Distance education for d/deaf and hard of hearing students during the COVID-19 pandemic in Saudi Arabia: challenges and support

AUTHOR(S)
Faisl M. Alqraini; Khalid N. Alasim

Published: August 2021   Journal: Research in Developmental Disabilities

On March 11, 2020, the World Health Organization declared COVID-19 to be a global pandemic. This prompted many countries, including Saudi Arabia, to suspend students’ attendance at schools and to start distance education. This sudden shift in the educational system has affected students’ learning, particularly for d/Deaf and hard-of-hearing (d/Dhh) students, who have unique language and communication needs. This study explores the challenges and support methods for d/Dhh students during their distance education in Saudi Arabia.

16 - 30 of 274

UNICEF Innocenti's Children and COVID-19 Library is a database collecting research from around the world on COVID-19 and its impacts on children and adolescents.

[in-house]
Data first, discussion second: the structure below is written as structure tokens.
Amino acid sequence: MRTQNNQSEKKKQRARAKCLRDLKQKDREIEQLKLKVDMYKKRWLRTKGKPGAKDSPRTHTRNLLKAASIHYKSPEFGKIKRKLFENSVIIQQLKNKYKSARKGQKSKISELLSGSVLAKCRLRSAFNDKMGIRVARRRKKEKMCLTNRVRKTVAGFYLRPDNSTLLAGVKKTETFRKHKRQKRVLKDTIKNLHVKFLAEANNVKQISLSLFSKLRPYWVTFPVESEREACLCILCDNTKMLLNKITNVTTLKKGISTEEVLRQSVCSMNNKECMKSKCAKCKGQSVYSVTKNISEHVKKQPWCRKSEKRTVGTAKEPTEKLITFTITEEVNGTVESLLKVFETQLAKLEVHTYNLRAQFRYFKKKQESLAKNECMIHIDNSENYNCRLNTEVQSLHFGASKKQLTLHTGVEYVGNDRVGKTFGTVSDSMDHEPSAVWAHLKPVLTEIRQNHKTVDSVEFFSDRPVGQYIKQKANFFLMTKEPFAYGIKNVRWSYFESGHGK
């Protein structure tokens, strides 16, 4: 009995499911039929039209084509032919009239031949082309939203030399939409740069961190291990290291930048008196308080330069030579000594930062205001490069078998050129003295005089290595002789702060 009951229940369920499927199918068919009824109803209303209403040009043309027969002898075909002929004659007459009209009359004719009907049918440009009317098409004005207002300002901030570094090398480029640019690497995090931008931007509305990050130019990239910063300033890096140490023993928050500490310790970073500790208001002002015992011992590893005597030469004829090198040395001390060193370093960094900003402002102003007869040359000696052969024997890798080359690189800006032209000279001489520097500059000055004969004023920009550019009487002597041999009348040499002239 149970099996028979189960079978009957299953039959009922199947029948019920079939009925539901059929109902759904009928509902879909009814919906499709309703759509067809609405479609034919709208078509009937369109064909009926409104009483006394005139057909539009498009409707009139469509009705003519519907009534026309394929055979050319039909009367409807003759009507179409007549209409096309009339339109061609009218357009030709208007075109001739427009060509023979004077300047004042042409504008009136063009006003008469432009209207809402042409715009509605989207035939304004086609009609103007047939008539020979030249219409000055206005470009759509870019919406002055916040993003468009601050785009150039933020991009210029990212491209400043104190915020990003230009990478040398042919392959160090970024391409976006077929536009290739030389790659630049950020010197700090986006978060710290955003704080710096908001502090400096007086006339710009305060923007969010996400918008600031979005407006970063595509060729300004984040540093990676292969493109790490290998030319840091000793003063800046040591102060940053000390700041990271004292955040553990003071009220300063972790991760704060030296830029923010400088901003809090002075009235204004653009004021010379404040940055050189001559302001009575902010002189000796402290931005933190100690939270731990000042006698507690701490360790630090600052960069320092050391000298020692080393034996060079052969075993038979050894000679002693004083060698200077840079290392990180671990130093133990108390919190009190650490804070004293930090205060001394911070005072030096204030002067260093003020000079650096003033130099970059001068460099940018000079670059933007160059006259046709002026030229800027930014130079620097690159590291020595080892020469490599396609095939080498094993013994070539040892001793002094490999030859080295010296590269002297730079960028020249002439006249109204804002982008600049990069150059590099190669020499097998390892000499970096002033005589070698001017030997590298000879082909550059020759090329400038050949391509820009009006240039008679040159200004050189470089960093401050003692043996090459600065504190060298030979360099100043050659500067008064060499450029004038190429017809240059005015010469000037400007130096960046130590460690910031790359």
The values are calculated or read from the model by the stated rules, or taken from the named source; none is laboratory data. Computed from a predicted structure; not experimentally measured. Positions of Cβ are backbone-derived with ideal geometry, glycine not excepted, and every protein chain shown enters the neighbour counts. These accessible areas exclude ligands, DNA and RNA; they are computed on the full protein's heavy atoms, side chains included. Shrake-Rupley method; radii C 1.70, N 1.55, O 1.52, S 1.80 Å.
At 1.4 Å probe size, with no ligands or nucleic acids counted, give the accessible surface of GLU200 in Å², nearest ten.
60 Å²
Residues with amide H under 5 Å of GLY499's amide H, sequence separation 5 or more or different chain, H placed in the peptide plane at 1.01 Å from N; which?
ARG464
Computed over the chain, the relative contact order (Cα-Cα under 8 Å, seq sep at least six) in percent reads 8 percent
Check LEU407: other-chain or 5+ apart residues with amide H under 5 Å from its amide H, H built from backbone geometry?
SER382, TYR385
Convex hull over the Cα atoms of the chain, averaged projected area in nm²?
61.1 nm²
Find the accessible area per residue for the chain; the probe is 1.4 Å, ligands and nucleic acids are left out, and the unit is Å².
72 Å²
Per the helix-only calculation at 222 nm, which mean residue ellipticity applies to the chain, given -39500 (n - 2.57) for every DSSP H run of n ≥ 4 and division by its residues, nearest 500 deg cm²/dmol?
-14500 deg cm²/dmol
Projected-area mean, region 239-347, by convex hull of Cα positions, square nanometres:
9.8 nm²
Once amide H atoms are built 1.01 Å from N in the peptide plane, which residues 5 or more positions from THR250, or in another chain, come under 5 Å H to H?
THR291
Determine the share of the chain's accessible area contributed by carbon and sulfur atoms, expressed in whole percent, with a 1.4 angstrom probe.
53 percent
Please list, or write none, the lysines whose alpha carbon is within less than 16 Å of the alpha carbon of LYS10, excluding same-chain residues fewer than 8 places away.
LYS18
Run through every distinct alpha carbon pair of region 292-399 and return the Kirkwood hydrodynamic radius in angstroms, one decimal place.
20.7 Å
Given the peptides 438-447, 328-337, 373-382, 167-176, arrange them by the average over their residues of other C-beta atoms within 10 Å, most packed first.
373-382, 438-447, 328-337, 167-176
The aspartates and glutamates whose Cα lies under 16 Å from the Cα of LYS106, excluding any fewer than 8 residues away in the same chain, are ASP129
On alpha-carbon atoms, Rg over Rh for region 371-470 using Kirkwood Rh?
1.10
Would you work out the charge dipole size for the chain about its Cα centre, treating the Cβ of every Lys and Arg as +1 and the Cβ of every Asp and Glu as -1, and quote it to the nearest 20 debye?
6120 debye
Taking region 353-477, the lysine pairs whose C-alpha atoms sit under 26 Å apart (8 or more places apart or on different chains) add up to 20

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COVID-19 & Children: Rapid Research Response

UNICEF Innocenti is mobilizing a rapid research response in line with UNICEF’s global response to the COVID-19 crisis. The initiatives we’ve begun will provide the broad range of evidence needed to inform our work to scale up rapid assessment, develop urgent mitigating strategies in programming and advocacy, and preparation of interventions to respond to the medium and longer-term consequences of the COVID-19 crisis. The research projects cover a rapid review of evidence, education analysis, and social and economic policies.